Just down the street from the DanoDome is Meadowlark Prairie, a pristine chunk of natural wetlands that connects via a wide and perfect bike path to the West Eugene Wetlands, said to be the last one percent of undeveloped wetlands in the entire Willamette Valley. I have ridden this bike path many times, traversing under Danebo Avenue on one of many underpasses reserved just for bikes. Now how cool is that...dedicated bike underpasses! You gotta love Eugene. OR. Little did I know that while riding this stretch, I was skirting the southern fenceline of what was once Willamette Airpark / T-Bird Airport.Yes, right there in this vacant piece of real estate once was a vibrant airfield, with real stick and rudder guys dancing with crosswinds as they slid their Cubs and Airknockers into perfect three-point landings. Freeman's great site illuminates the history of this little patch:
"This former general aviation airport was evidently established at some point between 1945-47, as it was not on the April 1945 Portland Sectional Chart (according to Chris Kennedy). The earliest reference to the field which has been located was in the 1947 OR Airport Directory (courtesy of David Brooks). It described Willamette as being managed by a Robert Bevans, who operated Bevan’s Flying Service from the field. The runway configuration consisted of a 2,500' northwest/southeast gravel strip & a 1,900' north/south sod strip."Too cool. But wait, the more you dig, the more you find at this wonderful site:
"Willamette Airpark gained a paved runway at some point between 1953-59, as the 1959 Klamath Falls Sectional Chart depicted the field as having a 2,500' hard surface runway. Jay Flitton recalled, “Between 1962-1964 Willamette Airpark went by the name 'T-Bird' Airpark. My dad, while going to graduate school at the University of Oregon flew out of 'T-Bird' a lot. My mom started her private pilot lessons there. That is where I had my first airplane ride! A Cherokee 140. It had a beautiful log terminal building with a 'Control Room' that had a giant picture window overlooking the airport, there was no tower. The whole terminal looked more like a ski lodge or maybe something that should be in Yellowstone National Park. It was a beautiful little airport with a lot of activity. Too bad it is gone.”Who knew? Oh wait, I guess Paul Freeman did, and lists these historical gems here. More from Freeman's site:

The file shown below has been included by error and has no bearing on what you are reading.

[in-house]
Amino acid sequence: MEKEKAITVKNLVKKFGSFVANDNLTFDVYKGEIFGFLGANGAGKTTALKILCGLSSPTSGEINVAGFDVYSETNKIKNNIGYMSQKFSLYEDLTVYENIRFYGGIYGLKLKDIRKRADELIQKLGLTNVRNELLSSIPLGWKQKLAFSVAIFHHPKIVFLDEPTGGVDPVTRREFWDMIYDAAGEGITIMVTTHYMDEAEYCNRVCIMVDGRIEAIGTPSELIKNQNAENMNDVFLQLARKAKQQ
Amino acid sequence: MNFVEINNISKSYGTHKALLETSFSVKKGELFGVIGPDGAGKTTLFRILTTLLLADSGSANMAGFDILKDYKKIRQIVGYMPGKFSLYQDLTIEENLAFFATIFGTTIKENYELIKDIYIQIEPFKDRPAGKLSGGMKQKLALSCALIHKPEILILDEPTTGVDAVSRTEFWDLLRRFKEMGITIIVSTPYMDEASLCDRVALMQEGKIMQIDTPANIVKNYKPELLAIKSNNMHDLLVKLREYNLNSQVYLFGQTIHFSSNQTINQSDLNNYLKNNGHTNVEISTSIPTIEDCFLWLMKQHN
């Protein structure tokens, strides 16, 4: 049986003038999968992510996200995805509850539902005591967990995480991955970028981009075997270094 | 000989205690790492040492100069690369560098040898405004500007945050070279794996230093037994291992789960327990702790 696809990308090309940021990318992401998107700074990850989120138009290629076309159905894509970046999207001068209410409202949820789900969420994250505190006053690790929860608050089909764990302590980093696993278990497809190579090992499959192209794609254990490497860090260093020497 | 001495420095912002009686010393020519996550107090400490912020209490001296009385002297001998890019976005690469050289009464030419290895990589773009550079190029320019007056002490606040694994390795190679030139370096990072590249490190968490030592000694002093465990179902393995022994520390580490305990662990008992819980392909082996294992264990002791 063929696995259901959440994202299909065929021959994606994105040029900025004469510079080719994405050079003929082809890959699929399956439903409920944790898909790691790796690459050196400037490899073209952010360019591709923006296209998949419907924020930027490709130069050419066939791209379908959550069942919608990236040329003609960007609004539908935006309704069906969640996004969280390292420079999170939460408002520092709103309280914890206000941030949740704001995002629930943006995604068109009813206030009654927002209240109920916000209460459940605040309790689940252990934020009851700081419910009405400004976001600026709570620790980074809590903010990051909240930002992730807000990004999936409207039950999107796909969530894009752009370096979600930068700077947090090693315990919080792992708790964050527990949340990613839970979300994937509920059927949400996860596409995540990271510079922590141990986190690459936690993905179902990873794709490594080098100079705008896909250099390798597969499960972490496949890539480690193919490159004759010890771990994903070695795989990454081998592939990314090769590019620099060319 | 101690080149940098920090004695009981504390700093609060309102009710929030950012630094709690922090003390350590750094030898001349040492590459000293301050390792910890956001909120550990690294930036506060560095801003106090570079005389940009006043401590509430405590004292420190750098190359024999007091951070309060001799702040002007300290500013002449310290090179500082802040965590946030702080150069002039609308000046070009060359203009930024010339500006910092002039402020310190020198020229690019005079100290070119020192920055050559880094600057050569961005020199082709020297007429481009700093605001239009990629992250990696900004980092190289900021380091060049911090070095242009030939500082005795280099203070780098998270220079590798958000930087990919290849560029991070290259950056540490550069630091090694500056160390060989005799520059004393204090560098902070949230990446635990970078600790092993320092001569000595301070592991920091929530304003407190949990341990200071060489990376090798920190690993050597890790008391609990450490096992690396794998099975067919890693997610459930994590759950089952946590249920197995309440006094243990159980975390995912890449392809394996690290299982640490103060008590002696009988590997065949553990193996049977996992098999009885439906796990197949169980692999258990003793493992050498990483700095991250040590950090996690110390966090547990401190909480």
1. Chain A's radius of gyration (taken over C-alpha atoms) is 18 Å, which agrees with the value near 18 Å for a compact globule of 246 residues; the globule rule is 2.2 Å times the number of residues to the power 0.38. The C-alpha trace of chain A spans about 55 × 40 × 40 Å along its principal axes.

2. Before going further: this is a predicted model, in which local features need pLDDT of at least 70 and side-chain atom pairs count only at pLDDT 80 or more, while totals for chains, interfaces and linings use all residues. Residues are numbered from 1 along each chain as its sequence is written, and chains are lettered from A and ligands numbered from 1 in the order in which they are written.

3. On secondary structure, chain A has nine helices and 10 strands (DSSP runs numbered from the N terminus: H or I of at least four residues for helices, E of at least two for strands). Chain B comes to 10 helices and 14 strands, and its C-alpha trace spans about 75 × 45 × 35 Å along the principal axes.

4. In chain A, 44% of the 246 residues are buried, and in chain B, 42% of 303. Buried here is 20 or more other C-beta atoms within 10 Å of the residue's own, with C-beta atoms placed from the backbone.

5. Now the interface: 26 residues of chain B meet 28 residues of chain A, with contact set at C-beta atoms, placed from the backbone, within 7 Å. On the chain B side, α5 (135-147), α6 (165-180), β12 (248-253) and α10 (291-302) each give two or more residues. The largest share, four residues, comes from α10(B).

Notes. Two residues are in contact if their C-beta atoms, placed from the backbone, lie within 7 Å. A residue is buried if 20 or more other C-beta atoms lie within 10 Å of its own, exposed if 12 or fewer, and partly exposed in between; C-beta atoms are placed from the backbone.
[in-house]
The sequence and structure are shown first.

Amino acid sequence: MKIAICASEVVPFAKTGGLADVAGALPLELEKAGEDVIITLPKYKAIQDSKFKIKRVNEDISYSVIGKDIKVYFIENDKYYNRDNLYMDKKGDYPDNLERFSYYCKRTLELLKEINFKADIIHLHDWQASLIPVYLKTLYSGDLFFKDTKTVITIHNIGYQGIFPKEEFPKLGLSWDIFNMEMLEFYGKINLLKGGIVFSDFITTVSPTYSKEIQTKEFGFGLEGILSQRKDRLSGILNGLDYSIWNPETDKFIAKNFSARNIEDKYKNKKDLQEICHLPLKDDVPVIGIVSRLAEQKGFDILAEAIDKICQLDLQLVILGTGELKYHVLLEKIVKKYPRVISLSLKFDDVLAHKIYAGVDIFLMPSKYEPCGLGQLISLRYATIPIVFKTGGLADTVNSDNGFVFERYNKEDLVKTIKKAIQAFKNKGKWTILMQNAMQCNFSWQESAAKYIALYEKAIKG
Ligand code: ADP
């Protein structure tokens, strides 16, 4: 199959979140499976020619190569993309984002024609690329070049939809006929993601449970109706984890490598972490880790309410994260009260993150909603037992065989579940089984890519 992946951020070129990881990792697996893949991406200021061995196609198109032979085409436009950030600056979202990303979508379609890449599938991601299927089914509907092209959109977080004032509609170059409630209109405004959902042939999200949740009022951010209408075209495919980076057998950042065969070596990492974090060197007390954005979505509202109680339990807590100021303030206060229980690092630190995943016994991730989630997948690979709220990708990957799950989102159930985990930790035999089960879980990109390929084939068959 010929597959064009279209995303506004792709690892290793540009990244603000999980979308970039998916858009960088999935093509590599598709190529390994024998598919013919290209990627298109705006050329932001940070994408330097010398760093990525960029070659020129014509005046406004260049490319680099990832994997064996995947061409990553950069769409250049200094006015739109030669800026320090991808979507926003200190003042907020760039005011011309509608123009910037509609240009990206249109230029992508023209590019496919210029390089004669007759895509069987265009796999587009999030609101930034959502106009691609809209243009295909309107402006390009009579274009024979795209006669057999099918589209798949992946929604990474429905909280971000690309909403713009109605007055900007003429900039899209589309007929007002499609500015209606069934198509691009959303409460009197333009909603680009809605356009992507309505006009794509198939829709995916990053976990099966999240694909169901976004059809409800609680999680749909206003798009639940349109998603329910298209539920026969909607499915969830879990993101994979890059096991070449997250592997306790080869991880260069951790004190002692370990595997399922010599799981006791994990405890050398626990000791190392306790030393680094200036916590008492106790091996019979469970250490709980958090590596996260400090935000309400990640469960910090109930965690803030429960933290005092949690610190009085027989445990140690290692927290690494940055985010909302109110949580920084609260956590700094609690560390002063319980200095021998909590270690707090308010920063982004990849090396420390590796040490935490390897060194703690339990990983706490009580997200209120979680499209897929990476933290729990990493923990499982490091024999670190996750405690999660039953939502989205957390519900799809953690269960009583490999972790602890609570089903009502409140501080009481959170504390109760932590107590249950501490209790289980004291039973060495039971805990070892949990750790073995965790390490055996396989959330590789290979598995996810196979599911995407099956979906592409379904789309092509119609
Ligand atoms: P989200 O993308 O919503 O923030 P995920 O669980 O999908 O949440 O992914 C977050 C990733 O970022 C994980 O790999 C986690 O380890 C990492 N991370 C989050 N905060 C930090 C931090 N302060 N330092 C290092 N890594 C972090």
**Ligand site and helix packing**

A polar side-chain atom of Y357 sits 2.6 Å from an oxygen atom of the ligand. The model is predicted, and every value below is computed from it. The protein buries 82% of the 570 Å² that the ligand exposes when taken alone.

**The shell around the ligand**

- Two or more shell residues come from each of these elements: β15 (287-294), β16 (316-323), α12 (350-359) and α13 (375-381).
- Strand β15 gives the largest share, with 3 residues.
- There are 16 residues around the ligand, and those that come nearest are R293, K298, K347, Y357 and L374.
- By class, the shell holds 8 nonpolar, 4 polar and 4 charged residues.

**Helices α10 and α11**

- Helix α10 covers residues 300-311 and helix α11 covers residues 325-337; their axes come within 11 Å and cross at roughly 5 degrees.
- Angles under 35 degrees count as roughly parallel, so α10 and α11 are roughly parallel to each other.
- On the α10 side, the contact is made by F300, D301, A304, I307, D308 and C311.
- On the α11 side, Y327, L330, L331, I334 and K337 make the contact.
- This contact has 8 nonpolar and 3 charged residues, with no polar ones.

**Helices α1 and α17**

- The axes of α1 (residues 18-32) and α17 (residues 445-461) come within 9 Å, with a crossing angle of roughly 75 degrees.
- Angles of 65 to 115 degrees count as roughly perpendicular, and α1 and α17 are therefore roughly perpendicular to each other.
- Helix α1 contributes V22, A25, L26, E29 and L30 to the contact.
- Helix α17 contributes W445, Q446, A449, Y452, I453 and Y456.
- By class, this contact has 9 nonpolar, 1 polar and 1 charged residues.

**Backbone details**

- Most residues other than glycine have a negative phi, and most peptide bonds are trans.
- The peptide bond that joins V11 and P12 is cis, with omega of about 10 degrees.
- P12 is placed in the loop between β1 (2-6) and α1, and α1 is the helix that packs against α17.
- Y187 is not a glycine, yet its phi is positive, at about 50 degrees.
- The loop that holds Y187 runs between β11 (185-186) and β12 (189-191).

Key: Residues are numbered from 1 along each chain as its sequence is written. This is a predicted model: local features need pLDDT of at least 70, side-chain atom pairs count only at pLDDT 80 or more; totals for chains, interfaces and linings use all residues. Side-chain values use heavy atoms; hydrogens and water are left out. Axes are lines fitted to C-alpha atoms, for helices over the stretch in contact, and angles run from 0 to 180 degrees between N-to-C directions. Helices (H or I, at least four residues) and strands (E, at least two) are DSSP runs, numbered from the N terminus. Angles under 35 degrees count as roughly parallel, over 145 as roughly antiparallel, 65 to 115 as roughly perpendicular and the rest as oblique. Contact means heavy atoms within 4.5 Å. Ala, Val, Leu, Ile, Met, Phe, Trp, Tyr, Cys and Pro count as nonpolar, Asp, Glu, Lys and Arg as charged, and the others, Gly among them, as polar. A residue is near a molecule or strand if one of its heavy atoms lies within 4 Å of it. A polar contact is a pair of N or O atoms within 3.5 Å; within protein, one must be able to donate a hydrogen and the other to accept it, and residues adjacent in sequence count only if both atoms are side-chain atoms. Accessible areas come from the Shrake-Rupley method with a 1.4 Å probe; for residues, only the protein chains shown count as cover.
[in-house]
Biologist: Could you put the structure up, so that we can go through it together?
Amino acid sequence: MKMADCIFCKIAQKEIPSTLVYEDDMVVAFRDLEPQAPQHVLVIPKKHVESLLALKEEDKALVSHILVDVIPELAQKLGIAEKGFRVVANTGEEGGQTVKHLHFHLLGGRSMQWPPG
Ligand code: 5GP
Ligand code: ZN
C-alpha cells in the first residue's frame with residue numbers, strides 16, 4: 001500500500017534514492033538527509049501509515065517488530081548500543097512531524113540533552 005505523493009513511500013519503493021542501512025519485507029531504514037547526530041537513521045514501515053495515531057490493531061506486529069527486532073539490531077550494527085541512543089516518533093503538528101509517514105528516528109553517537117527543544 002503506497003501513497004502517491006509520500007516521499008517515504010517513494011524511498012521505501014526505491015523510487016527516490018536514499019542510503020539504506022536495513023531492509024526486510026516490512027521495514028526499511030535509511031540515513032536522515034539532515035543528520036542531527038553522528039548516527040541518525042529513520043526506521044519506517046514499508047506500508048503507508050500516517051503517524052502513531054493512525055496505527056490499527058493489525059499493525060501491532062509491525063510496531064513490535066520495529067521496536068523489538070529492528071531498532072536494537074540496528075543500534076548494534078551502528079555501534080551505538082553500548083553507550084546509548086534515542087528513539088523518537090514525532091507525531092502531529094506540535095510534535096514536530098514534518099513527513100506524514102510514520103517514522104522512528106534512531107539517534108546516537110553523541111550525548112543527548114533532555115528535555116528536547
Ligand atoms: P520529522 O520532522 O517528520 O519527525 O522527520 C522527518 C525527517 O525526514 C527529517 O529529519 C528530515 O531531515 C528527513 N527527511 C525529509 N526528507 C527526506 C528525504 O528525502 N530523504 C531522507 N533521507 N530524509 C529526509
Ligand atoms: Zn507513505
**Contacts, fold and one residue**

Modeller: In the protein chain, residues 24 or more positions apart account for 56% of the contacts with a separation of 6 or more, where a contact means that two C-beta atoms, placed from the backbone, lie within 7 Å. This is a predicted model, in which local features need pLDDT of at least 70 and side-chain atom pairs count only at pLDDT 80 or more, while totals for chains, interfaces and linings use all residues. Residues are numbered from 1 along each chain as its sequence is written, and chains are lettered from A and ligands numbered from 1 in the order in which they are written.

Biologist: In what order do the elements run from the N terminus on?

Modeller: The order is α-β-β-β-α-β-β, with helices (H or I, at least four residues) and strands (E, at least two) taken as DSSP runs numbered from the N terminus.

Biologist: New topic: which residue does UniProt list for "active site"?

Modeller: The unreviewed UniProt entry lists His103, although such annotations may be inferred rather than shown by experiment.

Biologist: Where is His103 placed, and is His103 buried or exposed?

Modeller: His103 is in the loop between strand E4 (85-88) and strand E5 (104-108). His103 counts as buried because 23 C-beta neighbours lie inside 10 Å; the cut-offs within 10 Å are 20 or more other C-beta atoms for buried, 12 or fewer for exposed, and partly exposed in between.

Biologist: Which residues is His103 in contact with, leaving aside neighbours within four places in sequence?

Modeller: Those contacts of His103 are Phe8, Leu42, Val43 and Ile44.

"John Tucker recalled, “I learned to fly at T-Bird in the 1960s. It was a wonderful place for a young boy to learn to fly. My dad started to fly & I took lessons too. I was offered a job (which I took) mowing the grass around the airport. Then I progressed to fuel & line boy. I also helped the mechanic in the shop with small jobs. Of course I traded every hour against flying time. They had a couple of Champs, one N81967, two Piper Colts, a Cherokee 140 & 180, the latter being N7432W. Other planes were Champion 7402B, a Shinn, and a few others. They also had a Link Trainer in which we airport kids had our first exposure to instrument flight. We would take turns flying, then we would become controllers."After reading this, I cannot wait to begin poking around over where I believe this old field was once located. It is a little piece of Oregon aviation history that I did not know existed, and to think it is only about 1.4 nm from where I type this.
Mano man, this is the kind of stuff that keeps us aviators alive. The patch was located northwest of the intersection of South Danebo Avenue and West 11th Avenue, and now as I bike that path, I find myself stopping under what I perceive to be the final approach to the old NW/SE runway. My full-engulfed aviator's mind can easily hear those fabric-covered taildraggers as they slip along above my position, crossing a fence that has long since bit the dust on their way to a return from those surly bonds.
here and poke around like I did...and see if you discover a Pot 'o Gold just down the street from your casa. This is one of those sites on the web that you know was created by someone who is devoted to doing the research and webmastering that a comprehensive site like this requires. This guy deserves to have someone in a very cool plane fly in to where ever he lives and buy him a $100 hamburger for all the time he must have spent on this site.
UPDATE @ 1049A on 06.11.09: Windy Hovey of WREN, a non-profit that works in the West Eugene Wetlands sent me a great shot of the field where this airfield was once located. It is very easy to make out the NW/SE runway in the shot below: